Sharing individual strengths within a team will get you ahead of the game – if you are a loner you’re missing out!
Nearly every book, seminar, video, and article on selling treats it as an individual effort. You work harder, motivate yourself, maximize your territory, etc., your sales and income go up. The rest of the selling world, and even the producers within your own office and company, are there to be competed against, end of story… right?
Not exactly, but it isn’t surprising that so many sales managers think that way. After all, they’ve been hearing it since the early days when they opened their first accounts.
To get the most out of your team, however, you need to break out of that mindset and start seeing your producers not as a group of individuals, but a collection of talents. You should already know that the different members of your sales team have different strengths and weaknesses, but what you might not realize is that strong sales leaders use those differences to their advantage – and to the advantage of the men and women on their staff.
The best way to do this is not to focus on shared weaknesses but common strengths. In other words, think about what it is that each and every member of your team does best, and then use them to teach what they know to the rest of the group.
Usually, having them give a five –ten minute presentation in your sales meetings is a good way to do it.
This has several benefits. First, it gets all the men and women who are selling for you to think about their talents and hone them even further. This is great for both confidence and skills, and might lead them to better production in and of itself.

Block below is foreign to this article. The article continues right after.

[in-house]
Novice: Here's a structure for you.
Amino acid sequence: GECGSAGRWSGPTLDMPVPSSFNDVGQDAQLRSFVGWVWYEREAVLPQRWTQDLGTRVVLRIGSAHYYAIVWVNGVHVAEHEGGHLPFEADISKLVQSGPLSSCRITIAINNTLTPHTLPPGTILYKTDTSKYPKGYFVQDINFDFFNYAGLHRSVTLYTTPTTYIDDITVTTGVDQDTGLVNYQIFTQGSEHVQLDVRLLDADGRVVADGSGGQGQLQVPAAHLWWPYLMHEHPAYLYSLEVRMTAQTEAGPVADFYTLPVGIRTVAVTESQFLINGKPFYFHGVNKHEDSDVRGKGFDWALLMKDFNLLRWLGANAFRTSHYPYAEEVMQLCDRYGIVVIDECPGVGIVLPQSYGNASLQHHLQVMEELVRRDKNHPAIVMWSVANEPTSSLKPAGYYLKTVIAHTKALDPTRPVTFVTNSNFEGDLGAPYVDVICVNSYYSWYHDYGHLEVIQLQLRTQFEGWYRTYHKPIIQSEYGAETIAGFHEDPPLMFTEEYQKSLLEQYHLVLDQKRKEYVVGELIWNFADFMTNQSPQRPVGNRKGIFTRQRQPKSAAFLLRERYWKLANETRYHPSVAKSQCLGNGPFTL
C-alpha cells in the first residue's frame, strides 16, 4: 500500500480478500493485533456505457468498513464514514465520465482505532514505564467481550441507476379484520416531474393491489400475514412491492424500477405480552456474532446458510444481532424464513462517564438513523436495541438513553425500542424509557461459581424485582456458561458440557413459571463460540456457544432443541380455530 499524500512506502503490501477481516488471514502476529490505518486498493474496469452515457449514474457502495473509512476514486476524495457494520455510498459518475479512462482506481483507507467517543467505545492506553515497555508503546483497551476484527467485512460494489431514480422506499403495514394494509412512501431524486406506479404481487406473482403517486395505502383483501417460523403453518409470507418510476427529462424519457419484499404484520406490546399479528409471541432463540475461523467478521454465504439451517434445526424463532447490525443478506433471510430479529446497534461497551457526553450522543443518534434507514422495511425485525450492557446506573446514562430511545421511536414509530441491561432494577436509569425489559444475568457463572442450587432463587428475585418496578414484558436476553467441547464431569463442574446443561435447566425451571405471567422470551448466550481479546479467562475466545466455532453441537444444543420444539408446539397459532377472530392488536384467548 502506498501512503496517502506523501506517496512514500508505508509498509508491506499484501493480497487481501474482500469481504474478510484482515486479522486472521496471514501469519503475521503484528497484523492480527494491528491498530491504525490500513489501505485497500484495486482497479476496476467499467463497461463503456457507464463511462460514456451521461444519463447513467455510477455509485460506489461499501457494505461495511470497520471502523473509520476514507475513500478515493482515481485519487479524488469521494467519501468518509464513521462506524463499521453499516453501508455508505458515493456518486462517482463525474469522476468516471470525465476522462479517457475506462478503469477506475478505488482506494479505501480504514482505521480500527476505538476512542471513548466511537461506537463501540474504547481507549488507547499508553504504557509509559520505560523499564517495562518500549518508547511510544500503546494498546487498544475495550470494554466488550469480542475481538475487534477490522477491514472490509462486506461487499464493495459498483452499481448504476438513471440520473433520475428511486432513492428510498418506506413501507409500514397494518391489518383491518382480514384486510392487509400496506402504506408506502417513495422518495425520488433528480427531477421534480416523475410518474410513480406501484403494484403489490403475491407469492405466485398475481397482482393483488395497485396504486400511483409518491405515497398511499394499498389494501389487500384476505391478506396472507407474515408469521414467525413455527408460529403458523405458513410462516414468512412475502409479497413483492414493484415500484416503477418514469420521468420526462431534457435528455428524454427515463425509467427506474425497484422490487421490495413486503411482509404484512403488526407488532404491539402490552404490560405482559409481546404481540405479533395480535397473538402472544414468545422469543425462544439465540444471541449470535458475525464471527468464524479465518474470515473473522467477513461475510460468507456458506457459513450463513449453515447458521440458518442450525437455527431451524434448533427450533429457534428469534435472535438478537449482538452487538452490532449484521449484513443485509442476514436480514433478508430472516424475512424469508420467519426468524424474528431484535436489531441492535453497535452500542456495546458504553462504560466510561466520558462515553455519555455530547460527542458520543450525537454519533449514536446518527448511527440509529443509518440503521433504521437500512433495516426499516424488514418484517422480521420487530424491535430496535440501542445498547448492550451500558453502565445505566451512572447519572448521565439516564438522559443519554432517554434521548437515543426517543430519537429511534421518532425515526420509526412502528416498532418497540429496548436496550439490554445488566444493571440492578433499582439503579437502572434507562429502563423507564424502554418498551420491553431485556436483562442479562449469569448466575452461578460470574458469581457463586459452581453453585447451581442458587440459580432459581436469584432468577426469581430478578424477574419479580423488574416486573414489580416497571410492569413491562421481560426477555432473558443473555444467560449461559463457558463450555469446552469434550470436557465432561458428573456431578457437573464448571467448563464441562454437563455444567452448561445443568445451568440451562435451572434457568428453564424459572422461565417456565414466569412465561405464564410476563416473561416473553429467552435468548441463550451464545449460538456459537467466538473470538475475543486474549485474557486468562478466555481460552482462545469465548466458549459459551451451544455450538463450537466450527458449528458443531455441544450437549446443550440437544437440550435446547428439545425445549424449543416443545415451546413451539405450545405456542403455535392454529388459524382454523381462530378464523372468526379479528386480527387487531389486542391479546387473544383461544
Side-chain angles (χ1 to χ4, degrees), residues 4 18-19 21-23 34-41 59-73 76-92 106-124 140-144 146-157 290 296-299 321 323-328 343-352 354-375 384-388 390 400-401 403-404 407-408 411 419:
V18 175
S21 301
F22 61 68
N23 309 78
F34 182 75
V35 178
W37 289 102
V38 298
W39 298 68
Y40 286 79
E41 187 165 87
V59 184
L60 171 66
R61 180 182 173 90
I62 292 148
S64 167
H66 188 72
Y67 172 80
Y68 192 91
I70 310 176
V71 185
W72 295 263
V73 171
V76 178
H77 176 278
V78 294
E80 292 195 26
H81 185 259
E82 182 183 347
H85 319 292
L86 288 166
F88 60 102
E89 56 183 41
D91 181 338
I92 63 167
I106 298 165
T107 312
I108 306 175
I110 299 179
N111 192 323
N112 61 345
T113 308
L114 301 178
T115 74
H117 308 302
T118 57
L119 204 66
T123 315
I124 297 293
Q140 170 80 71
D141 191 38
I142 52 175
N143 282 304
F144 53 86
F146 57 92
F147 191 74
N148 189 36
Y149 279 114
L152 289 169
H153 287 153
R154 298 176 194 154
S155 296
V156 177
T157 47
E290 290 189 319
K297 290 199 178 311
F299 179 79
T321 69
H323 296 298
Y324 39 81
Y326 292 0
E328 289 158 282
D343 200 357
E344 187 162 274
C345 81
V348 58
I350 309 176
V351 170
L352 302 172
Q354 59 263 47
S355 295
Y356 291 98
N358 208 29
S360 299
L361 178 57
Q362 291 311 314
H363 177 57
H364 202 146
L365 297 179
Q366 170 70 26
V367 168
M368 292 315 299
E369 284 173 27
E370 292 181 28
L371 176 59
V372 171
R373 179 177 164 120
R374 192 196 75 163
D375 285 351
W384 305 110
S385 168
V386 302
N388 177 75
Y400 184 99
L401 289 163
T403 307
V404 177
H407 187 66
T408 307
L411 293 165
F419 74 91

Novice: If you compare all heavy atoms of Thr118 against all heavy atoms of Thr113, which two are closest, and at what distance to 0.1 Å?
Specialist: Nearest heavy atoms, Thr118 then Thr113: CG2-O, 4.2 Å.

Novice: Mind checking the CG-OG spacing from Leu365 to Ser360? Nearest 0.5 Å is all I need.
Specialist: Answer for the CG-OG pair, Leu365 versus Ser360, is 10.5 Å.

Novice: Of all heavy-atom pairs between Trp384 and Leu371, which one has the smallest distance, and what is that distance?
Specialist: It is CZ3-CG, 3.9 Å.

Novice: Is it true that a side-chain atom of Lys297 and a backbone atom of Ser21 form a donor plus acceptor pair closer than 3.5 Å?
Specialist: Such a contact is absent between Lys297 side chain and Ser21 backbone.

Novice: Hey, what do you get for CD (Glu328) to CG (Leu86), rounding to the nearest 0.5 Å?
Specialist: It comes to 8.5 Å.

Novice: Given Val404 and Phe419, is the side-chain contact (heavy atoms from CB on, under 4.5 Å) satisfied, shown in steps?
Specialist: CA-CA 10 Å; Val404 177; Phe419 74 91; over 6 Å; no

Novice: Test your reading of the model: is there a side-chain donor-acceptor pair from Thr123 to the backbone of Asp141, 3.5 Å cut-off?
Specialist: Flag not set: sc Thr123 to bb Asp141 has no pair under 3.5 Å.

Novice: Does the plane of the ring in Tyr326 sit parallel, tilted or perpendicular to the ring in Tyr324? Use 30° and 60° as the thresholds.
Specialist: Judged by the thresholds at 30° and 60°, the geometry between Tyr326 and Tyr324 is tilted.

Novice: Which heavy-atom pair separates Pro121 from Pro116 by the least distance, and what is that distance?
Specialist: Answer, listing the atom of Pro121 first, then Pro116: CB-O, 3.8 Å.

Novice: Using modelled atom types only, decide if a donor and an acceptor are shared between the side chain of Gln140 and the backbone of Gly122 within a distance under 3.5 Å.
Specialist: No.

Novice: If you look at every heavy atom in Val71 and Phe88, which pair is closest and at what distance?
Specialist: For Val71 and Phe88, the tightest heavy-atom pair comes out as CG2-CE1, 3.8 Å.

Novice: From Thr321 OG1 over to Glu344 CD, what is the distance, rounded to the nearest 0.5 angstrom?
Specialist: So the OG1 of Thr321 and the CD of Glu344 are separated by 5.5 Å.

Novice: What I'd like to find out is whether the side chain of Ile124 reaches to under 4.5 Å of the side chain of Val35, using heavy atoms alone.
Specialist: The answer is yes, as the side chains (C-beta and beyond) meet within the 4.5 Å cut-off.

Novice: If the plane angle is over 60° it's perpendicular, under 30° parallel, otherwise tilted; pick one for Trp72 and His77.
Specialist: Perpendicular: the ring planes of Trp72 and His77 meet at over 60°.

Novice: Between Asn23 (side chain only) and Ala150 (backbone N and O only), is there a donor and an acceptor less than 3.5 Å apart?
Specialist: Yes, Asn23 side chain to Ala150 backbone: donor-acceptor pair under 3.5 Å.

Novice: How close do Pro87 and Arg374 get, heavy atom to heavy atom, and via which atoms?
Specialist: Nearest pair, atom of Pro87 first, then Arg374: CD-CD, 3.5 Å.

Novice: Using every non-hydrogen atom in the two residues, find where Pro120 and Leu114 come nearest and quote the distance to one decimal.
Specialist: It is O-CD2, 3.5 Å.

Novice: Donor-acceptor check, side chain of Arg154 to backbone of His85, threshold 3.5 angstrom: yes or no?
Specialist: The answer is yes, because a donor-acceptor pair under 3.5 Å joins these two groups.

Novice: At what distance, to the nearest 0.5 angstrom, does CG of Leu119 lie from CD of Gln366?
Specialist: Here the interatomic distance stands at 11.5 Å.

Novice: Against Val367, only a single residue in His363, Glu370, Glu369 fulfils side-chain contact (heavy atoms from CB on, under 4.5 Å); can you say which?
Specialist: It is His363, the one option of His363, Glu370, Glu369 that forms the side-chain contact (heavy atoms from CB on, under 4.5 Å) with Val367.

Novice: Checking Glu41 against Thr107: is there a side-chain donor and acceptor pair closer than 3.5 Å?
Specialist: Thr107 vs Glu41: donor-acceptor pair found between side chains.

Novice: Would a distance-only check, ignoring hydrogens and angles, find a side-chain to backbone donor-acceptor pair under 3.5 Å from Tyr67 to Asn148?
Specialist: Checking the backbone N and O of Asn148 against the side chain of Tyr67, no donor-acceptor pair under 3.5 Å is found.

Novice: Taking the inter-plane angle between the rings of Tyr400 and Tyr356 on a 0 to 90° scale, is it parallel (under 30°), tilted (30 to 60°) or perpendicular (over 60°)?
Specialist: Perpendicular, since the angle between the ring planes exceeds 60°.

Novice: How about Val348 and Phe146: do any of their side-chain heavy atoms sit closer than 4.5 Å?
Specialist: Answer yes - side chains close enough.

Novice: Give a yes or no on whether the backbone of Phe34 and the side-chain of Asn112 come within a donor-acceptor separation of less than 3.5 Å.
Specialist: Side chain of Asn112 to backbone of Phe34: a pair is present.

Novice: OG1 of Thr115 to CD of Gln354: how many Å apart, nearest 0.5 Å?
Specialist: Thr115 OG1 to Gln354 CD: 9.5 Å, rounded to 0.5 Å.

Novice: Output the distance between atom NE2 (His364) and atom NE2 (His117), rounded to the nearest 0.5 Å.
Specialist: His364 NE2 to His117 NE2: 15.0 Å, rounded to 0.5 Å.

More importantly, however, is that it allows you to take a lot of separate skill sets – like opening accounts, mastering product knowledge, giving top-level customer service, finding referrals, managing time, and negotiating, to name a few – and increase them throughout your team.
And finally, it takes some of the training burden off of you. The more your sales team is teaching and encouraging each other, the less time you have to spend designing (or bringing in) training programs from the outside. All in all, it’s a big win for everybody.
A lot of people might treat sales as a completely individual effort, but smart sales leaders know better. Take some time to identify the key strengths each member of your team possesses, and then get them busy teaching each other at regular intervals. A little competition might be a good thing, but a lot of teamwork can accomplish much more.
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Carlos Quintero, founder of Sales Effectiveness, coaches senior executives who want to drive change with their sales teams. He can be reached at firstname.lastname@example.org, or call 770-552-6612.